Chinese abandoned village reclaimed by nature


This 9 November 2018 video says about itself:

The Abandoned Chinese Village that Nature Reclaimed

A deserted Chinese village called Houtouwan becomes completely overrun by vegetation, an urban world overrun by nature. The effect is so surreal that tourists from all over China stop by for a look.

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Fungi in Northern Ireland, video


This 9 November 2018 video says about itself:

Fungi are mostly hidden from view, but they are all around us. Neither plants or animal, they play an important in ecosystems, acting as recyclers or partnering with plants in mutually beneficial relationships.

Autumn is one of the best times to spot fungi. This is when many produce their spore-containing fruiting bodies. These can take the familiar mushroom form, or more unusual shapes such as brackets.

In this 360° film, join Sophie Atkinson from the Natural Trust at Springhill House in Northern Ireland. With the help of members of the Cookstown Wildlife Trust, she leads a fungi walk through the grounds of the house.

Fungus gnat lays eggs on mushroom


This 9 November 2011 video shows a fungus gnat laying eggs on a mushroom.

The larvae of these relatives of mosquitoes will feed on the fungus when they will hatch.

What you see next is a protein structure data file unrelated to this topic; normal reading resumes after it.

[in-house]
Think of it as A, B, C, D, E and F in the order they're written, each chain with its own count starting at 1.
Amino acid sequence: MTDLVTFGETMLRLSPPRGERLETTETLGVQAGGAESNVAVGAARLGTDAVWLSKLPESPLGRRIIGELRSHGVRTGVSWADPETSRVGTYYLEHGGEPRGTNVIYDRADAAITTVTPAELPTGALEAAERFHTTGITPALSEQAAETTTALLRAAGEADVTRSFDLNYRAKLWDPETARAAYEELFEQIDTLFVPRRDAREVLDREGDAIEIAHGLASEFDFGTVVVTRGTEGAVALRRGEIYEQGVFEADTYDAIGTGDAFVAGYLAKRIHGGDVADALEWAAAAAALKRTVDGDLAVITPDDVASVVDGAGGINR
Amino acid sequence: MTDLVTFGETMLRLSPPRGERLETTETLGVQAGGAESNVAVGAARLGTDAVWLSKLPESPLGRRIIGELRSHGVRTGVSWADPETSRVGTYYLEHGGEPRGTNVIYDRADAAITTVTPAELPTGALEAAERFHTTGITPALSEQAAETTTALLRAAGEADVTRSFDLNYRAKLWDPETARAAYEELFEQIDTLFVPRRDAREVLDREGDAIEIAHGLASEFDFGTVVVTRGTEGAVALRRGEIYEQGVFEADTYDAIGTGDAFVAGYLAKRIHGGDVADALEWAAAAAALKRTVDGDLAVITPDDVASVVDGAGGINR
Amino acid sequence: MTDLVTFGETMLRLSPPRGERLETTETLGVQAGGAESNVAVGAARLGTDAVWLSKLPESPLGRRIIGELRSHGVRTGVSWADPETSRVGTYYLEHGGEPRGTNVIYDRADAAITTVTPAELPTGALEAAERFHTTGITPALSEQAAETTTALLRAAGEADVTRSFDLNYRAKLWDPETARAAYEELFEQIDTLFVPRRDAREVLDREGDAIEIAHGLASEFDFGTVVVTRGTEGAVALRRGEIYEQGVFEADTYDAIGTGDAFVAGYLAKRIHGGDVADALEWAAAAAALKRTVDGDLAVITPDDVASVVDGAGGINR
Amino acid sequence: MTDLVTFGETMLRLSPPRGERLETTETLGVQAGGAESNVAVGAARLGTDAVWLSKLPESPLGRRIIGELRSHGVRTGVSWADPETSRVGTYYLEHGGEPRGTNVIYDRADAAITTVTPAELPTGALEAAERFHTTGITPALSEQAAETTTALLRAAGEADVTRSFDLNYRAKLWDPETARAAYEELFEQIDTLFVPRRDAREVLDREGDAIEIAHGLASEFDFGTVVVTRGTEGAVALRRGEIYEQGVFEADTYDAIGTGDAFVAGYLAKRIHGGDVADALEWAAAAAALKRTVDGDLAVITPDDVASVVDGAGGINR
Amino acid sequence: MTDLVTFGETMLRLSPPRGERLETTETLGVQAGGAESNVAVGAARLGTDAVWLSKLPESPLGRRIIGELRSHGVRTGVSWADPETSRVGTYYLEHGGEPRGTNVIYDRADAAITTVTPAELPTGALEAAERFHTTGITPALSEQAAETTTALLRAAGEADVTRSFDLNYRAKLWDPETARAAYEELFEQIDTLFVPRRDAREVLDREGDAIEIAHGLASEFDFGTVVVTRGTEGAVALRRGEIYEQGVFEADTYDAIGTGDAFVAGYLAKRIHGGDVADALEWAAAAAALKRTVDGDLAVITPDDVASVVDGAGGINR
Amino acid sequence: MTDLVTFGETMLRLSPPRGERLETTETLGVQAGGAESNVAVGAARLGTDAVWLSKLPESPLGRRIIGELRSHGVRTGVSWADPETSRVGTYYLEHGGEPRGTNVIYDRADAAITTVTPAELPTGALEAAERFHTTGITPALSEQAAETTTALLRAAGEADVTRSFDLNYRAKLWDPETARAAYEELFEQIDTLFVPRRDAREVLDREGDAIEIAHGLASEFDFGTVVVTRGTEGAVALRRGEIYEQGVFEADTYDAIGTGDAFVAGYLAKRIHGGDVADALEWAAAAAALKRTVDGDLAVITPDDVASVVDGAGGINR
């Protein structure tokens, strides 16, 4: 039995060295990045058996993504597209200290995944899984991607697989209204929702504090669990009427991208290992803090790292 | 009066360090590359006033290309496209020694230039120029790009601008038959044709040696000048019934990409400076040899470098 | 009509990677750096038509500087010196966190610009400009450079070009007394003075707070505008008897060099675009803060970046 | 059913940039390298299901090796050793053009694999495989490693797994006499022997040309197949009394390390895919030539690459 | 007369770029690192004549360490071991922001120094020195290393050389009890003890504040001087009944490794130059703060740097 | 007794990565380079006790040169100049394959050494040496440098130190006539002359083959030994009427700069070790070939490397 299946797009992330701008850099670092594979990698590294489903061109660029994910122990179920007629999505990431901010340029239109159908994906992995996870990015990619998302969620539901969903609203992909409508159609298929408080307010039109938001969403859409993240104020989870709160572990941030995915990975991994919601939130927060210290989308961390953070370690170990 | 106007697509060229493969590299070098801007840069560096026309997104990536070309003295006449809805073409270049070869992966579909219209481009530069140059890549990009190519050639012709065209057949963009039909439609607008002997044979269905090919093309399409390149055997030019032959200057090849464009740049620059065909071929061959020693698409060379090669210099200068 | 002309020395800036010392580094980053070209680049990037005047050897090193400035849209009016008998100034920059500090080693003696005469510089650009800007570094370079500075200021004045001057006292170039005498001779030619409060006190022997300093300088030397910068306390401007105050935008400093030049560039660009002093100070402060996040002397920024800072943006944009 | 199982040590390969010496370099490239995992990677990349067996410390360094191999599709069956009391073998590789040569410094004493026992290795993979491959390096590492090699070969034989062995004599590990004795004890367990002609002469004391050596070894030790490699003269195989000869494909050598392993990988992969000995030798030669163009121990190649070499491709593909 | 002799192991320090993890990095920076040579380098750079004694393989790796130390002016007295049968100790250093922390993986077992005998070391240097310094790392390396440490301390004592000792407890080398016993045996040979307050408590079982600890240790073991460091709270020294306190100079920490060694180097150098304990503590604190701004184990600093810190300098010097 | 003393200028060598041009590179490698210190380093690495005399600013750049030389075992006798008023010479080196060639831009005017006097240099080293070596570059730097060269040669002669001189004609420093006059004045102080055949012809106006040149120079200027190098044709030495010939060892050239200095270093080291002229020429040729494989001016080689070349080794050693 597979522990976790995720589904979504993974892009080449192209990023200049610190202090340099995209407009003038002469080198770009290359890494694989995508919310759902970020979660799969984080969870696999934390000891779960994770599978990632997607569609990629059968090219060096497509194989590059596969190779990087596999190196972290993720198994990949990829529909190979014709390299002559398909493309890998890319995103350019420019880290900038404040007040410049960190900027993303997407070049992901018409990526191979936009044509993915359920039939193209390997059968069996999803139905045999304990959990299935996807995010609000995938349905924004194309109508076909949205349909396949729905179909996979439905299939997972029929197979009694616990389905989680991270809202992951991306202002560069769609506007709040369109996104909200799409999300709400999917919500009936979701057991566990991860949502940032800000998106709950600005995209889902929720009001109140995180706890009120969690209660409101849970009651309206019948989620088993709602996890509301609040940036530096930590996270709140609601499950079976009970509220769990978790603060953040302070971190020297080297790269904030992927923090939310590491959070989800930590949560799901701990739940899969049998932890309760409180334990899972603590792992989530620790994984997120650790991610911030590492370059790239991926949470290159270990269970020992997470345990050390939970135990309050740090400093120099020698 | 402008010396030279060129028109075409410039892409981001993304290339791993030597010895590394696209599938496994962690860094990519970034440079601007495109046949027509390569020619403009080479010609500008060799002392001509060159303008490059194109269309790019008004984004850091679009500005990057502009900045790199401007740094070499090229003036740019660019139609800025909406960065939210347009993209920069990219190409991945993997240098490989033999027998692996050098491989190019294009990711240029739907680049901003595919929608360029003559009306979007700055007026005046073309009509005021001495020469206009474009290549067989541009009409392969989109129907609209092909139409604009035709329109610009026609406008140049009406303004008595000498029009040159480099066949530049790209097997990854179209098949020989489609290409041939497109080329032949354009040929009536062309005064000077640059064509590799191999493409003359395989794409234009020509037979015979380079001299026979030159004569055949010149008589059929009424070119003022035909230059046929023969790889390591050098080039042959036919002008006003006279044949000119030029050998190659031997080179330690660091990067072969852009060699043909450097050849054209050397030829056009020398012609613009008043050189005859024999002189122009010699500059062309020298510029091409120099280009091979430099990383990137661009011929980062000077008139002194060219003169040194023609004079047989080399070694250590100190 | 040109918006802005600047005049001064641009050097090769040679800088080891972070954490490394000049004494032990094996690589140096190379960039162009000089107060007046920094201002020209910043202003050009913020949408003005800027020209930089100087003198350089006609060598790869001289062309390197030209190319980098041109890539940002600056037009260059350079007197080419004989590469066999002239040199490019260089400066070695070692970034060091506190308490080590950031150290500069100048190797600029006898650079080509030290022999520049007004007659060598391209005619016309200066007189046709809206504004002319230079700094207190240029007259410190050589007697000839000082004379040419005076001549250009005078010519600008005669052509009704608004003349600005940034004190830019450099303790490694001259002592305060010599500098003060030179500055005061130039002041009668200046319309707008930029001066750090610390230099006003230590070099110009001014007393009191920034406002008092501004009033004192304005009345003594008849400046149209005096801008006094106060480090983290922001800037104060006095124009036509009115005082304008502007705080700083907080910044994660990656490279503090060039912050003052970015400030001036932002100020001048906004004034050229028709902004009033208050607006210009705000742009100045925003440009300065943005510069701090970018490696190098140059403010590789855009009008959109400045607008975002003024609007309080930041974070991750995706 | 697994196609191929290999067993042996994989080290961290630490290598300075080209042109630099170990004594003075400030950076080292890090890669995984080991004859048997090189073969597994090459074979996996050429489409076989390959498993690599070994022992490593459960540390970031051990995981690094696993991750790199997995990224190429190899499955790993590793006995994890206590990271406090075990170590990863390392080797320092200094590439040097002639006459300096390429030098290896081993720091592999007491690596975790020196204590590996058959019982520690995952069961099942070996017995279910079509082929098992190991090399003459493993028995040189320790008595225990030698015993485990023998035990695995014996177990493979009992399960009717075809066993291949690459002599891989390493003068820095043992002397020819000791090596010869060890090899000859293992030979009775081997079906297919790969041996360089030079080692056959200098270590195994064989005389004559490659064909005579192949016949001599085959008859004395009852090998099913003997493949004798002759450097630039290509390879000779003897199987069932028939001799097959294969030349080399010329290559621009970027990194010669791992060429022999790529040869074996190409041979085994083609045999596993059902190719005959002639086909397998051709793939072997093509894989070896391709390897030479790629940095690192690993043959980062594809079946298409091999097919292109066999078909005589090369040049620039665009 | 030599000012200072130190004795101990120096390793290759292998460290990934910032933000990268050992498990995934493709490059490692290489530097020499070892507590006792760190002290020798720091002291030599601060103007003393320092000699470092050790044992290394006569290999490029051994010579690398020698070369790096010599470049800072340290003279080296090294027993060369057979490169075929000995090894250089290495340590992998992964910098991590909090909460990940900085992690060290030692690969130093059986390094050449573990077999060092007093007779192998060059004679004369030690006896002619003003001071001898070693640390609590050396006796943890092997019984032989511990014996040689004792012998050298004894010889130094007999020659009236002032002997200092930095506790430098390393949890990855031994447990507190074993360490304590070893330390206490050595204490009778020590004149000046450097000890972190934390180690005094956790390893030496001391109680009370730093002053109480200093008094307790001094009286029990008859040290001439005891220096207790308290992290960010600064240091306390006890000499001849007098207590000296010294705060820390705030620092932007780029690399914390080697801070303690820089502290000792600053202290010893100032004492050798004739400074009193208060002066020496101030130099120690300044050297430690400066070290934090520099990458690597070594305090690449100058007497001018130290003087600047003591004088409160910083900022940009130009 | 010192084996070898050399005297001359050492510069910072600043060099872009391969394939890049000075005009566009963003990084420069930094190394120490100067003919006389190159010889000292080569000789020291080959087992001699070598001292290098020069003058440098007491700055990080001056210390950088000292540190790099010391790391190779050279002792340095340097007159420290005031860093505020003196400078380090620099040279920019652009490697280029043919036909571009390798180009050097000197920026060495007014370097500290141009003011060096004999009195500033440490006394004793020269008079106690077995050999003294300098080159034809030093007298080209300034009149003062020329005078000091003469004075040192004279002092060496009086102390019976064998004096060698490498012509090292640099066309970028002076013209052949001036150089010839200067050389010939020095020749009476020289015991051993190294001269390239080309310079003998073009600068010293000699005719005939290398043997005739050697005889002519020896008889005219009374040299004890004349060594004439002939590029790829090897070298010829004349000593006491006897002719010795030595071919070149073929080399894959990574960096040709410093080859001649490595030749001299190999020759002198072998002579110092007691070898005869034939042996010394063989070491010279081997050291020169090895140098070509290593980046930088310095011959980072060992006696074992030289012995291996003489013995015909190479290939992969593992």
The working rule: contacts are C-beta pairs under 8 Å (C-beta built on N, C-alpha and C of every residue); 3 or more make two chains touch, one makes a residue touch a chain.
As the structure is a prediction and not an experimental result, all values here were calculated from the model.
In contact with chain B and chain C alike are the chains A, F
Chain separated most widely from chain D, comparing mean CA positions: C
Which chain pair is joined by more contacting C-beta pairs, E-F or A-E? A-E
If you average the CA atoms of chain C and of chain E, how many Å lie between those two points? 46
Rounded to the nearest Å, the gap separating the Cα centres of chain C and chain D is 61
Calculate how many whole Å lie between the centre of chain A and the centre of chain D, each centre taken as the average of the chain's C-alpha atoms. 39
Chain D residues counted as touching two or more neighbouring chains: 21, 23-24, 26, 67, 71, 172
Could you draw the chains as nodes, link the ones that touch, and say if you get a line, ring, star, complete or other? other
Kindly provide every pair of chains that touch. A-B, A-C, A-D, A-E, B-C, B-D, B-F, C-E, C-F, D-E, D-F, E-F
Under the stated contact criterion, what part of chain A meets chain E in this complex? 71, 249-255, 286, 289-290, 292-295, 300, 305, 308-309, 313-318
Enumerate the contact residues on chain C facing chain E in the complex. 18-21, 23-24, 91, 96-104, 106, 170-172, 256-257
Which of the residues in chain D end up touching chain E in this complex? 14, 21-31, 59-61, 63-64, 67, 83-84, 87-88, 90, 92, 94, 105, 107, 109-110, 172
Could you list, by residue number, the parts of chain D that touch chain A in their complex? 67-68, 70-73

Bertie Sijbrands made this video in the Oisterwijkse vennen nature reserve in the Netherlands.

Ice age giant deer, what did they eat?


This 2015 video is called Channel: 4 Extinct: The Irish Elk. This species is also called giant deer.

Today, Dutch Rijnmond TV reports about a 42,000 year old giant deer molar.

It is from the last ice age, a time when the North Sea was still a plain, where, eg, giant deer grazed. In the Netherlands now, North Sea sand is used to build the Zandmotor, an artificial island to prevent flooding.

In the Zandmotor sand, someone recently found that deer molar, and brought it to the natural history museum in Rotterdam. There, scientists discovered there were Ice Age plant rests on that molar.

Eg, remains of Artemisia plants were found on the molar. That is not a plant which covered a large part of the land during the Ice Age, but it does contain a lot of calcium. “That is exactly what one needs to build up enormous antlers”, says [paleontologist] Mol.

So far, paleontologists had never paid attention to plant rests on giant deer fossils. Meanwhile, 30-40 other giant deer molars with plant rests have been discovered in the Rotterdam museum collection.

Maybe other museums will start to investigate their collections as well, to find out what exactly giant deer ate.

An English language (not so good, Google mechanical translation) article by the Rotterdam museum about the Zandmotor molar discovery is here.

The scientific report, Giant deer (Megaloceros giganteus) diet from Mid‐Weichselian deposits under the present North Sea inferred from molar‐embedded botanical remains, was published here.

Fly agarics, chaffinches and swans


This 2016 video from Britain is called Amanita muscaria, The Fly Agaric.

Today, a walk from ‘s-Graveland to Hilversum.

Beautiful fly agarics along the road in ‘s-Graveland.

A mute swan couple with their youngsters.

In the Spanderswoud forest, many chaffinches.

In a meadow next to the Corversbos, a grey heron and an Egyptian goose couple.

A robin sings.